The time required for wound healing, contraction, and hypertrophic scarring often limit the use of deep partial-thickness burn wounds as donor sites for split-thickness grafts. We have examined the effects of weak direct current and silver nylon dressings on the healing of partial-thickness scald burns, split-thickness grafts taken from these wounds when healed, and the resulting donor sites in a guinea pig model. Dorsal scald wounds treated with weak direct current reepithelized by 12 days postinjury. Split-thickness grafts taken from healed scald wounds showed more rapid revascularization with direct current treatment than did control grafts. Grafts and donor sites treated with direct current showed more rapid reepithelization, decreased contraction, improved hair survival, and decreased dermal fibrosis when compared to controls not treated with direct current. Only donor wounds treated with weak direct current were reusable as donor sites.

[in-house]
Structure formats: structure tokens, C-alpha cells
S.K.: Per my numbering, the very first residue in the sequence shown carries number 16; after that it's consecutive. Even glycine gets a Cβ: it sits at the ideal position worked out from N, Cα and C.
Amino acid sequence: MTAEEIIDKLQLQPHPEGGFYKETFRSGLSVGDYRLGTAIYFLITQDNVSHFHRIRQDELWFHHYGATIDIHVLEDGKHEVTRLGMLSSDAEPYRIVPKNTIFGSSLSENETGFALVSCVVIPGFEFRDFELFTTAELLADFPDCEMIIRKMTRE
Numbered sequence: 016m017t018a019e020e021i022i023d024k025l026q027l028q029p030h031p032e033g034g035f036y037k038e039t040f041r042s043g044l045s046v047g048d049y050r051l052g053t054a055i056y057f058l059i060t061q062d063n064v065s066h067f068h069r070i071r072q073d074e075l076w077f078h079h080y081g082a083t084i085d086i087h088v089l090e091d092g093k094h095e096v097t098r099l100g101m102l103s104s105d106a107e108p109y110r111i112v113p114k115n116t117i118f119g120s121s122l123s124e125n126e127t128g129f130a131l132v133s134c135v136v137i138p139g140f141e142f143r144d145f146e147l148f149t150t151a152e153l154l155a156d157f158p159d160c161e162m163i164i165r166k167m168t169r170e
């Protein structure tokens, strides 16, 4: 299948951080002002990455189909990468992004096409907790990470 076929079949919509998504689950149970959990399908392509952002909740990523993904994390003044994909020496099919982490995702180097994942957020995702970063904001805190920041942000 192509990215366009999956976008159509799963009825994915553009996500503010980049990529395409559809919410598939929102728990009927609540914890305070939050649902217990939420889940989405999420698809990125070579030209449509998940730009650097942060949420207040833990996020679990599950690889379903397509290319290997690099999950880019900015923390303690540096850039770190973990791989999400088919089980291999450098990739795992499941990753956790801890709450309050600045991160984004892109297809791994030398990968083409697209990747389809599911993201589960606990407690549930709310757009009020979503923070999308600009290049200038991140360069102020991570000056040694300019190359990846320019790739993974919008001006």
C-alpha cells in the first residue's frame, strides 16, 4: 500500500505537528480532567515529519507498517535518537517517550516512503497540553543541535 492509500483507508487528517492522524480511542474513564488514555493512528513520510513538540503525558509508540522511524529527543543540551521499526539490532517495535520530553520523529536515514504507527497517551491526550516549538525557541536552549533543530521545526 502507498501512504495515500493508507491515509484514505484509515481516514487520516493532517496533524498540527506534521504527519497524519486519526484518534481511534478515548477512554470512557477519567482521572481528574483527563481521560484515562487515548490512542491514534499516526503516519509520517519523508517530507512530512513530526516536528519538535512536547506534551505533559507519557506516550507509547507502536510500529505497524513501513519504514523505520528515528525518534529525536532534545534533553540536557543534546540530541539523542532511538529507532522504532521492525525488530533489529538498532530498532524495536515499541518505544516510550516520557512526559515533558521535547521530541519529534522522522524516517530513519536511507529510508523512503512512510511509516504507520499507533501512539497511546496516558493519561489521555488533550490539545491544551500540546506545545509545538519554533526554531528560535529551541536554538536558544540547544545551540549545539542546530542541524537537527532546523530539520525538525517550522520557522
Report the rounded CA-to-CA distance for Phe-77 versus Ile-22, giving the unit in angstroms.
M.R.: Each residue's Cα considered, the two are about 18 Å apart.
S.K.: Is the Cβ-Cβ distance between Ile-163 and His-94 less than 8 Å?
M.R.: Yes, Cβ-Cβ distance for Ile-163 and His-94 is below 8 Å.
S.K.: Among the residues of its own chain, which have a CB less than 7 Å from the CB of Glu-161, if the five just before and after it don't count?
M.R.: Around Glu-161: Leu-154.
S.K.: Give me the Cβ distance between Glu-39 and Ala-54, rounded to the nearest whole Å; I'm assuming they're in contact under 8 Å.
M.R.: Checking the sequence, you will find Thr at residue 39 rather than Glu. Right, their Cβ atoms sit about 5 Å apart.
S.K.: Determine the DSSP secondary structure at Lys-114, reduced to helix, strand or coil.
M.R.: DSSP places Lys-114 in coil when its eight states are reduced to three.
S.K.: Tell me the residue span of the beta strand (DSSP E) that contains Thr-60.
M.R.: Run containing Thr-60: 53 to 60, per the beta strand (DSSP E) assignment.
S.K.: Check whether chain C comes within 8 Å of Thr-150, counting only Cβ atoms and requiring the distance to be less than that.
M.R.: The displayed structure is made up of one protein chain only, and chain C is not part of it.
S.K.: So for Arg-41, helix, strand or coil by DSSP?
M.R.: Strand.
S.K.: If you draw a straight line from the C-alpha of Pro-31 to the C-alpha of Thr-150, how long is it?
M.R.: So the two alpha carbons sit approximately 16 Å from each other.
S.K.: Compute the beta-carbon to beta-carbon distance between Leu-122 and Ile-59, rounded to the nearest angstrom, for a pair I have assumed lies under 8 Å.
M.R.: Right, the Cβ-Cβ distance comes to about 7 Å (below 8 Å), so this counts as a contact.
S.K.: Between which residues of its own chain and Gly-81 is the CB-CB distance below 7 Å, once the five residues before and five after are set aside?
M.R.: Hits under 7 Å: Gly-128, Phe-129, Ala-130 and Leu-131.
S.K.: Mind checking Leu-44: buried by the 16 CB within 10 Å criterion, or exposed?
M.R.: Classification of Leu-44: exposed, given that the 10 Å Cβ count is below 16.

|Original language||English (US)|
|Number of pages||6|
|Journal||Journal of Trauma - Injury, Infection and Critical Care|
|State||Published - Aug 1990|
ASJC Scopus subject areas
- Critical Care and Intensive Care Medicine